To install click the Add extension button. That's it.

The source code for the WIKI 2 extension is being checked by specialists of the Mozilla Foundation, Google, and Apple. You could also do it yourself at any point in time.

Kelly Slayton
Congratulations on this excellent venture… what a great idea!
Alexander Grigorievskiy
I use WIKI 2 every day and almost forgot how the original Wikipedia looks like.
Live Statistics
English Articles
Improved in 24 Hours
Added in 24 Hours
What we do. Every page goes through several hundred of perfecting techniques; in live mode. Quite the same Wikipedia. Just better.

Disclosure (novel)

From Wikipedia, the free encyclopedia

MichaelCrighton Disclosure.jpg
First edition cover
AuthorMichael Crichton
Cover artistChip Kidd[1]
CountryUnited States
GenreCrime novel
Publication date
January 1994
Media typePrint (Hardcover)
Pages597 pp.
813/.54 20
LC ClassPS3553.R48 D57 1994
Preceded byRising Sun 
Followed byThe Lost World 

Disclosure is a novel by Michael Crichton, his ninth under his own name and nineteenth overall, and published in 1994. The novel is set at a fictional computer hardware manufacturing company in the mid-1990s. The plot concerns protagonist Tom Sanders and his struggle to prove that he was sexually harassed by his female employer.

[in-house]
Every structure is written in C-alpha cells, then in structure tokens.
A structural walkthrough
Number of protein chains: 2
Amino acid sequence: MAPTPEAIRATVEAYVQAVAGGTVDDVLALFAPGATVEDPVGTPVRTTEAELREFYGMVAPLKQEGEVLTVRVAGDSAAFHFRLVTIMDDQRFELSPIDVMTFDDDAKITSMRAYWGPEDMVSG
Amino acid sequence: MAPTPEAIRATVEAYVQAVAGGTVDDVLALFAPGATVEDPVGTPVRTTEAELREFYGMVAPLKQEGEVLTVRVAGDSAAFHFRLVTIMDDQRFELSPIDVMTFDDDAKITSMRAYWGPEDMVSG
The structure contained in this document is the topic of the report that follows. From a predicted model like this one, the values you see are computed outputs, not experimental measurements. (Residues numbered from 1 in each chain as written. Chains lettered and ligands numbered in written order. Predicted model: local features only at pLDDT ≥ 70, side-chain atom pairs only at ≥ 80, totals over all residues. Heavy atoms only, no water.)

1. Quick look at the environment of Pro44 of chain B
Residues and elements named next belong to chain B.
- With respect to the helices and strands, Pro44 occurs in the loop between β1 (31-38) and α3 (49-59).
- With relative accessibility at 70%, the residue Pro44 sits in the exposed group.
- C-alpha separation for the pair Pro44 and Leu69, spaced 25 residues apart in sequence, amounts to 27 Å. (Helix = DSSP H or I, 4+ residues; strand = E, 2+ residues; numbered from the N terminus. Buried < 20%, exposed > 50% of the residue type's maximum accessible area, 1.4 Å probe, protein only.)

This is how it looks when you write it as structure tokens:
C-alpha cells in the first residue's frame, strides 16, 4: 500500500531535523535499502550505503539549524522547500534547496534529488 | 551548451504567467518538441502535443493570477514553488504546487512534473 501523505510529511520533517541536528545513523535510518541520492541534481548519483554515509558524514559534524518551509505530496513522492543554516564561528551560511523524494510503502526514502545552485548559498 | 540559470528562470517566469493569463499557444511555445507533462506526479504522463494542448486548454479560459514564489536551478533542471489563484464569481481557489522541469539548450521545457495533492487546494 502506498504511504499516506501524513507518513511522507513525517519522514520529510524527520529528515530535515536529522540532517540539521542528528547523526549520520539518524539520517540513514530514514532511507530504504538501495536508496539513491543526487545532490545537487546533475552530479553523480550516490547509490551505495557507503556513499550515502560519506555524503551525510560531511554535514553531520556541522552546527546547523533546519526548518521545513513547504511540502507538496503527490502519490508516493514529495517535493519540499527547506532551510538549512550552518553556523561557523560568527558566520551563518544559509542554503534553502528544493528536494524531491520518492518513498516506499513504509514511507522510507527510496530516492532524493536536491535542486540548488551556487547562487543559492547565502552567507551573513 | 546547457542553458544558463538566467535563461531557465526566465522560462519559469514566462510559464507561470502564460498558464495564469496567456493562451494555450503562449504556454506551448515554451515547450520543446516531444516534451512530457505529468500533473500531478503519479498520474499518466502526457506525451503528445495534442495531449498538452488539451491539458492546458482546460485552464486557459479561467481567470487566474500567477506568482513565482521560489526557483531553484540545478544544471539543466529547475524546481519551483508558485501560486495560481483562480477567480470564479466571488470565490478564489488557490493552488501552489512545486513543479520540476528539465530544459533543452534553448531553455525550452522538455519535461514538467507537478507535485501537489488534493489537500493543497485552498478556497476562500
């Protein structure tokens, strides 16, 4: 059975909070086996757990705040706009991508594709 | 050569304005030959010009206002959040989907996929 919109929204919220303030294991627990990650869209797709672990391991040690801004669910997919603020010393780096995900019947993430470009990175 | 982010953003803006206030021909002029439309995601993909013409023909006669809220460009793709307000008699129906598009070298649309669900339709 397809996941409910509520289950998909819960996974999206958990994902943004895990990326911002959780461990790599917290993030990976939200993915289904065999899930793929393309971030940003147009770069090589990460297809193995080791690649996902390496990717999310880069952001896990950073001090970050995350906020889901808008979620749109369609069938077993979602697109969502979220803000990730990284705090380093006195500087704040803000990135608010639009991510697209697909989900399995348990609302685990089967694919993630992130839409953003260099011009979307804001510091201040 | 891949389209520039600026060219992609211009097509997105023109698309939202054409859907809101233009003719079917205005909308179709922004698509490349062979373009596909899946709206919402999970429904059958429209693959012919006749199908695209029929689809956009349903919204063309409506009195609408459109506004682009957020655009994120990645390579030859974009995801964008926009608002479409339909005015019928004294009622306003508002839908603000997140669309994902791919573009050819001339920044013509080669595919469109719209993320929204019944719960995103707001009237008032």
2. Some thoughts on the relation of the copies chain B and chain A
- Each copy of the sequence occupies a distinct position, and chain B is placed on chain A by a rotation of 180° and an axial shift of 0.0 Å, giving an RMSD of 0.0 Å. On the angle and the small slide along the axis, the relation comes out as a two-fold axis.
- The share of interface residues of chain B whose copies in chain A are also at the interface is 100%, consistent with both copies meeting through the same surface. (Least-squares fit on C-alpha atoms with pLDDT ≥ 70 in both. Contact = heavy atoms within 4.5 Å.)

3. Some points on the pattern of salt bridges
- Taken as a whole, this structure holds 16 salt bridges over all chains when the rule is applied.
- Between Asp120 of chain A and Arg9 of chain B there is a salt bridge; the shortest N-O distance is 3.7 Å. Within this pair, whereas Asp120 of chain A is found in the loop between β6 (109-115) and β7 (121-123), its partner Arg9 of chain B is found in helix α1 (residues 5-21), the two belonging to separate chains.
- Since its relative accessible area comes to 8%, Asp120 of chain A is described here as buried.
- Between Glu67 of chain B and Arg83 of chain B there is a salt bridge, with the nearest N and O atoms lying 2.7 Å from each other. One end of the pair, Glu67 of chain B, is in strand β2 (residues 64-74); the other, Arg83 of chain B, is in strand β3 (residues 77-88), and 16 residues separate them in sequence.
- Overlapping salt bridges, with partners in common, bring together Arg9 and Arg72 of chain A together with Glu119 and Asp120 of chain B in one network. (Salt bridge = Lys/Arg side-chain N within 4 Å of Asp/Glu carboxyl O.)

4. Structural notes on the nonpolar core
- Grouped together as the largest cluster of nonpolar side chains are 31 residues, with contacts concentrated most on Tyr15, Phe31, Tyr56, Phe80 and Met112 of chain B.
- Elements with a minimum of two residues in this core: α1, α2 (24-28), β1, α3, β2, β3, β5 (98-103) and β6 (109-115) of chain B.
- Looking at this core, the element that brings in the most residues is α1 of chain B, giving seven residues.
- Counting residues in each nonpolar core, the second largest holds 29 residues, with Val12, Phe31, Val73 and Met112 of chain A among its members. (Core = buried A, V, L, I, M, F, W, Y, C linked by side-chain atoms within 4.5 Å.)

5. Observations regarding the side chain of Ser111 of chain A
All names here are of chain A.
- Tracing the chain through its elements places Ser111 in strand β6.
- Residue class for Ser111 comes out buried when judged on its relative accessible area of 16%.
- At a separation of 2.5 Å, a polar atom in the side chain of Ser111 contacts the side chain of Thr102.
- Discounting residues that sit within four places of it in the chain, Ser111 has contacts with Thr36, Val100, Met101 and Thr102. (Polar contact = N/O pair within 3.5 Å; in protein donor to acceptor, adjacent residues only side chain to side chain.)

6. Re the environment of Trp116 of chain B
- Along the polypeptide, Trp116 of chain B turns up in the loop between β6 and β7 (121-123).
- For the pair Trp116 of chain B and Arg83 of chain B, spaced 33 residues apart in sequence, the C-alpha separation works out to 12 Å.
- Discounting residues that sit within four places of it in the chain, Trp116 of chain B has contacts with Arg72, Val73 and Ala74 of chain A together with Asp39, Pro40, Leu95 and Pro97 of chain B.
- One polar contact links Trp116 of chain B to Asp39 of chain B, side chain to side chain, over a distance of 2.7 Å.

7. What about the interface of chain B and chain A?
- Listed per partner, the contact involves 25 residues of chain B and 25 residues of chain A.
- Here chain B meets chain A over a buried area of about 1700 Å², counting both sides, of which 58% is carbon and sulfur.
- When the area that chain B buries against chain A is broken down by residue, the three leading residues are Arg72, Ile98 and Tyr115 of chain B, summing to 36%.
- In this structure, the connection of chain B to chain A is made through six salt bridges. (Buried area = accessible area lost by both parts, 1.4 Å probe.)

Tom Sanders, the head of advanced products manufacturing at DigiCom, expects to be promoted to run the advanced products division after DigiCom's merger with a publishing house. Instead, the promotion is given to his ex-girlfriend, Meredith Johnson, who recently moved to Seattle from the company's headquarters in Cupertino, California.

Later that day, Meredith calls Tom into her office, ostensibly to discuss an advanced CD-ROM drive. She aggressively tries to resume their relationship, despite Tom's repeated attempts to resist. When he spurns her sexual advances, Meredith angrily vows to make him pay.

The next morning, Tom discovers that Meredith has retaliated by falsely accusing him of sexual harassment. DigiCom president Bob Garvin, fearing that the incident could jeopardize the merger, tells the company's general counsel, Phil Blackburn, to propose transferring Tom to the company's Austin facility. However, Tom's division is due to be spun off as a publicly traded company after the merger, and if he's transferred, he will lose stock options which would make him a wealthy man. In addition, Tom's coworkers treat him with animosity, as they have believed Meredith's story.

Seemingly out of options, Tom gets in touch with Seattle attorney Louise Fernandez, who agrees to take the case. Tom threatens to sue Meredith and DigiCom for sexual harassment unless Meredith is fired, throwing the merger and his future with the company in jeopardy. During a mediation, Tom discovers that when he called one of his colleagues, John Levin, about the problems with the drive, John's answering machine recorded the whole incident with Meredith. He and Louise also discover that DigiCom officials have known for some time that Meredith has a history of unwelcome advances toward male coworkers, and yet did nothing to stop it. Confronted with this evidence, DigiCom is forced to agree to a settlement in which Meredith is quietly pushed out and Tom is restored to his former post.